Similar to those attending Dancing with the Stars, Blain was given bootcamp training with a private tutor to learn the moves before filming even began. "It changed my fitness routine," says Blain. “w I want to stay supple, so I'll start with half an hour of stretching. I've focused on Pilates and muscle stretching, while previously I only focused on raw strength and heavy lifting. With this character, I focused on my flexibility and played through the entire range of motion during training. I do a lot of cable work, lots of lunges to open the hip flexors and strengthen the hamstrings and the like. When you dance you don't notice that every single muscle and ligament is being strained. "

From the dance floor to the end zone

Ser & # 39; Darius Blaine salsa dances his role in The Big LeapCourtesy Iago Soria

In The Big Leap, Ser & # 39; Darius Blain portrays a close end to the Detroit Lions, and he will again represent a soccer player for his role in the upcoming film American Underdog: The Kurt Warner Story (out December). To give these physical roles the right amount of swagger, Blain observes his surroundings; from his brother, who played soccer, to his Jumanji colleague The Rock, who takes up his charisma and reproduces it in his own way.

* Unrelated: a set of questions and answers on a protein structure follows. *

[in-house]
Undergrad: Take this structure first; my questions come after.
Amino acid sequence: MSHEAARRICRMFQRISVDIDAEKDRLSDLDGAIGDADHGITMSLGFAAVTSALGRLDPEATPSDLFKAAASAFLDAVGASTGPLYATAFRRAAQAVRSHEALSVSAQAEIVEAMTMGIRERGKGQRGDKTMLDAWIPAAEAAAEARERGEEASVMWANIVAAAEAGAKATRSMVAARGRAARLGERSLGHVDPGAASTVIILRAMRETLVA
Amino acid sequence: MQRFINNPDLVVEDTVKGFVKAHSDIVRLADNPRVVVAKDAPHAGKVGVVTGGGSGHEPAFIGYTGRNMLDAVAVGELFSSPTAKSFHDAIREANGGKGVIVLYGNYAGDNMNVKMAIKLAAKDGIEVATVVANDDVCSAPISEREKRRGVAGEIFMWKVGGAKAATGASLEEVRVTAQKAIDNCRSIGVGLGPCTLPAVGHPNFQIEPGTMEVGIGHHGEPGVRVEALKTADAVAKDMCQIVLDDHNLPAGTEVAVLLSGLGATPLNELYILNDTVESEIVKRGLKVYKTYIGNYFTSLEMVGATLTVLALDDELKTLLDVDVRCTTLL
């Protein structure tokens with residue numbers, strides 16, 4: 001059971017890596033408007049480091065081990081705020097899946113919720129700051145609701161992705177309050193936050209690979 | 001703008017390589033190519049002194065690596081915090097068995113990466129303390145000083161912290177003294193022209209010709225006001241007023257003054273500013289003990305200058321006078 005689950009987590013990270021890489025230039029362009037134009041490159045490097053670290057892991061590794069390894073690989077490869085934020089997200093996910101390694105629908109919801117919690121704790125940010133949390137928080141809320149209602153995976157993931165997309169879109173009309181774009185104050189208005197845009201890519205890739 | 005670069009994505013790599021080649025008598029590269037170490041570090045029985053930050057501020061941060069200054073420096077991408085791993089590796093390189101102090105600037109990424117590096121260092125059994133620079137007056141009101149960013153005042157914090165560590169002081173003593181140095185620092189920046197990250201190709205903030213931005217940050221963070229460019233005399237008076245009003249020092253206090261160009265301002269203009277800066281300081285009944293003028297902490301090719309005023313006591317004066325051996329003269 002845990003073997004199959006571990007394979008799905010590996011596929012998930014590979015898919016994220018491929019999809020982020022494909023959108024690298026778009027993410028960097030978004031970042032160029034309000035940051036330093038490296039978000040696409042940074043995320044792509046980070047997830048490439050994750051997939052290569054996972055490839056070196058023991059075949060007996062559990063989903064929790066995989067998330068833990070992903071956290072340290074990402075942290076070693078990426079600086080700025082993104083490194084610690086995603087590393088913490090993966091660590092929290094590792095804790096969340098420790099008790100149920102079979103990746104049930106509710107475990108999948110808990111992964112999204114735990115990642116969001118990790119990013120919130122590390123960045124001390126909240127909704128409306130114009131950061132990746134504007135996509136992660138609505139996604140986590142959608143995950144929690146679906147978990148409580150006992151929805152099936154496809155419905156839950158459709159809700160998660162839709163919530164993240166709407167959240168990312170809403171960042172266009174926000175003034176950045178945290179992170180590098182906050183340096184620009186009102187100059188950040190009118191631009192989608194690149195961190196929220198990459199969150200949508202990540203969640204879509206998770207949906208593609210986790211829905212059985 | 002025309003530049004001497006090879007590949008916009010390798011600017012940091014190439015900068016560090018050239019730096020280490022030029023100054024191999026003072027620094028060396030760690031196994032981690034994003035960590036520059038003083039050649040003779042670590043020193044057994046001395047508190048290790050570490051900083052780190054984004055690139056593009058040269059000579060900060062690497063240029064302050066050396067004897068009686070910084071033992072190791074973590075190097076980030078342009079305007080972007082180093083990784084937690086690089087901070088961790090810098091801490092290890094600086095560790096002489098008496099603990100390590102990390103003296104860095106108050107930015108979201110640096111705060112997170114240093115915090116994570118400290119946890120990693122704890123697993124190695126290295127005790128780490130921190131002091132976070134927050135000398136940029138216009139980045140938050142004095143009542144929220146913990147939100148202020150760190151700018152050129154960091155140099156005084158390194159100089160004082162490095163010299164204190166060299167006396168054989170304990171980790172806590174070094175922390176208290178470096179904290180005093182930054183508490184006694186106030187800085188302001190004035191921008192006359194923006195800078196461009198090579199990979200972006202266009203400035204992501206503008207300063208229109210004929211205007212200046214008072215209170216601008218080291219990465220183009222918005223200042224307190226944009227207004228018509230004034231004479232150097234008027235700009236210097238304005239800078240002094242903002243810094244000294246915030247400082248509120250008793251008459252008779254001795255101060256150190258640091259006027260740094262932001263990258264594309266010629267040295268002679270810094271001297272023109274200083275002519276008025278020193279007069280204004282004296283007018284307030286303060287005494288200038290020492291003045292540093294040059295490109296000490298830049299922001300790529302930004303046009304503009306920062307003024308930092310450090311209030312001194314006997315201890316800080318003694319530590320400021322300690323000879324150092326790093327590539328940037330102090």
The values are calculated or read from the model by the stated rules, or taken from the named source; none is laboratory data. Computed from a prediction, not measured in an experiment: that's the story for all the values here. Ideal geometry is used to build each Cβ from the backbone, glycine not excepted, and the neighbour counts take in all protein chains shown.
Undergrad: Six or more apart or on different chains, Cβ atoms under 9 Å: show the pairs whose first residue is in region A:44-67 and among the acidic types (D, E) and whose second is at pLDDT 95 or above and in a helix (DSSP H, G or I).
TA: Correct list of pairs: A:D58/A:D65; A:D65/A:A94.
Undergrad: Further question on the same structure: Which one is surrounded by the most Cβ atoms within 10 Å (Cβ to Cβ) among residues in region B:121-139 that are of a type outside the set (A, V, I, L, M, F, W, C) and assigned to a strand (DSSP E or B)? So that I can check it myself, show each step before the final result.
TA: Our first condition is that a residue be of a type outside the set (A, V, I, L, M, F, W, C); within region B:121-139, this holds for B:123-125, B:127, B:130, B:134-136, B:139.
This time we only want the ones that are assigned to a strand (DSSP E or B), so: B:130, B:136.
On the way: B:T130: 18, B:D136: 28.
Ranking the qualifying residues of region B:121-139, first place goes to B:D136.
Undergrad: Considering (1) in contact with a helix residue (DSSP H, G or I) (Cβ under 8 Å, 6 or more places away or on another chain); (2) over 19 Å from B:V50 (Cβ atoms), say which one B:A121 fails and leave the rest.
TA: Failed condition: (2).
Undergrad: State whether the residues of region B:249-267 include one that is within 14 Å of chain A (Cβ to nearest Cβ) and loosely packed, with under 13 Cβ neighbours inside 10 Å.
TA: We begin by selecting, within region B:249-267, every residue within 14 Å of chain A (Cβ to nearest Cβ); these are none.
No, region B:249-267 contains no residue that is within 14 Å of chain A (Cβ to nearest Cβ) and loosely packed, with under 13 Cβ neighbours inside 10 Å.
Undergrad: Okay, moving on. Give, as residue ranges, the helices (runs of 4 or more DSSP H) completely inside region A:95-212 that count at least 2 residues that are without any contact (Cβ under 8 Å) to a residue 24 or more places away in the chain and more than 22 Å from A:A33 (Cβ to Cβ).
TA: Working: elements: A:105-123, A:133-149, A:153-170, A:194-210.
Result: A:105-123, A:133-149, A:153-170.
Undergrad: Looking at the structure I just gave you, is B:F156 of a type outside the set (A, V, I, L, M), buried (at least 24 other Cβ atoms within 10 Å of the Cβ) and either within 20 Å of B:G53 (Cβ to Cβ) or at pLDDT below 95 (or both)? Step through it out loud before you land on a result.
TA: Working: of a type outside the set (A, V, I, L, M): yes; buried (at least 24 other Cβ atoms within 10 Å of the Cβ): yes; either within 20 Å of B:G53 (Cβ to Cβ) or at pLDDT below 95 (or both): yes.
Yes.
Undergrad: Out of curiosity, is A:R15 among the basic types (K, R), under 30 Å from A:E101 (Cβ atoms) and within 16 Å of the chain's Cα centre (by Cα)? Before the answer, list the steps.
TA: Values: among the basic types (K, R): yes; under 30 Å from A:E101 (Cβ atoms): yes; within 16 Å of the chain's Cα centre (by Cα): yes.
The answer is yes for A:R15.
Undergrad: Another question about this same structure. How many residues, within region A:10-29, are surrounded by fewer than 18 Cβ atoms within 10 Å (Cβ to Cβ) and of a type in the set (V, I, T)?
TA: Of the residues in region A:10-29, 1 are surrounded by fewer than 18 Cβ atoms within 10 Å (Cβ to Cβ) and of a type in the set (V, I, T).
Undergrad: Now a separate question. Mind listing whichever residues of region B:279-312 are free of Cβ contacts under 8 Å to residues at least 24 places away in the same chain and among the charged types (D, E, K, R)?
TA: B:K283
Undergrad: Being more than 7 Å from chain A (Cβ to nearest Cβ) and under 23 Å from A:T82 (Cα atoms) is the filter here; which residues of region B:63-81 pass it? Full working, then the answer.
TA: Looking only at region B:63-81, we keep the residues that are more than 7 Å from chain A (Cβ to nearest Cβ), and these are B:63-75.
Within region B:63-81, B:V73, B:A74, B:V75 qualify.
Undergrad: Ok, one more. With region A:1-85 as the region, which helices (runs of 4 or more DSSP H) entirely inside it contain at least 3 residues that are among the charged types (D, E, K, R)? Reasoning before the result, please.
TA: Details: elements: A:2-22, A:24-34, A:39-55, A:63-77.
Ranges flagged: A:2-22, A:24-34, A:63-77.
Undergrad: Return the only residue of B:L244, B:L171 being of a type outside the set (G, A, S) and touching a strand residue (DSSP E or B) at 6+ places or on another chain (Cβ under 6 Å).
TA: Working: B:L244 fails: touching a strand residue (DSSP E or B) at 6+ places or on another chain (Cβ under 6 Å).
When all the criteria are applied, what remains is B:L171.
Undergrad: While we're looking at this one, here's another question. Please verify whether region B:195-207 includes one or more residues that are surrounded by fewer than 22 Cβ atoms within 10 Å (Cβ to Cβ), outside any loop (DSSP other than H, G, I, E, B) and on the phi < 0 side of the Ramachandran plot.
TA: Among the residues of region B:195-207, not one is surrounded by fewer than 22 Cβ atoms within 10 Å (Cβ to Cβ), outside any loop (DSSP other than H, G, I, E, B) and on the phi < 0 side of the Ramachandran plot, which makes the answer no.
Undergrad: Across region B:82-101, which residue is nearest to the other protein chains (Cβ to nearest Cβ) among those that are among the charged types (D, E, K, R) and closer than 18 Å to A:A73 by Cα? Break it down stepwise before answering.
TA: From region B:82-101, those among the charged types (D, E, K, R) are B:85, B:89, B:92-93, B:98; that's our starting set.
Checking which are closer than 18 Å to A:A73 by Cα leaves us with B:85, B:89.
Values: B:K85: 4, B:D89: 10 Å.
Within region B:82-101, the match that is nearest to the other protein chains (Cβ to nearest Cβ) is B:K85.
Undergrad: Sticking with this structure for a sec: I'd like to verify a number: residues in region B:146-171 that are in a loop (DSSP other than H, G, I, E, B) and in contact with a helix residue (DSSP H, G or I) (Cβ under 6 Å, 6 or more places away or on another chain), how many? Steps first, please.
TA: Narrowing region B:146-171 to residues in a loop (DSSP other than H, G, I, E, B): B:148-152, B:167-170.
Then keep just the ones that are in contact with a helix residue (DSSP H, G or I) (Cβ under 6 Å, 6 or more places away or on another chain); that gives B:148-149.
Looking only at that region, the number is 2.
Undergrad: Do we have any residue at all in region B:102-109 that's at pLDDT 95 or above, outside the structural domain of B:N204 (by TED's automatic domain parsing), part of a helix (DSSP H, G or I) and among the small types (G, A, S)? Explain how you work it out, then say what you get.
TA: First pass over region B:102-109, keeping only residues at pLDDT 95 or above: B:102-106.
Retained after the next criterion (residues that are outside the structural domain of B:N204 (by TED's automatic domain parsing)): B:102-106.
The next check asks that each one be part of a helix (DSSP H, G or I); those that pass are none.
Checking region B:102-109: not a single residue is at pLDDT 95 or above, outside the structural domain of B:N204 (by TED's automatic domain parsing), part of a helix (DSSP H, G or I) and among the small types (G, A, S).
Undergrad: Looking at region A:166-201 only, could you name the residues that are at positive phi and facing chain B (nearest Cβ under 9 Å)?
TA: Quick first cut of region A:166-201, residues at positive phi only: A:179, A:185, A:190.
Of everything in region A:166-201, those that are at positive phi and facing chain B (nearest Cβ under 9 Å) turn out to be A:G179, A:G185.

"A good friend of mine, Braylon Edwards, who played for the Jets and the Browns, has this tremendous confidence, and I based my character (American Underdog) a little on him, even to the point where my beard grew," laughs Blain . And while this may come as a surprise to some but not to others, dance has long been a training method for soccer players as it's a great way to improve coordination. “I have friends, NFL professional ballers, who actually take ballet classes just to keep themselves limber,” says Blain. “Dancers are real athletes. I'm an athlete too, and I like being the best at everything I do, and the dancing definitely kicked my ass. "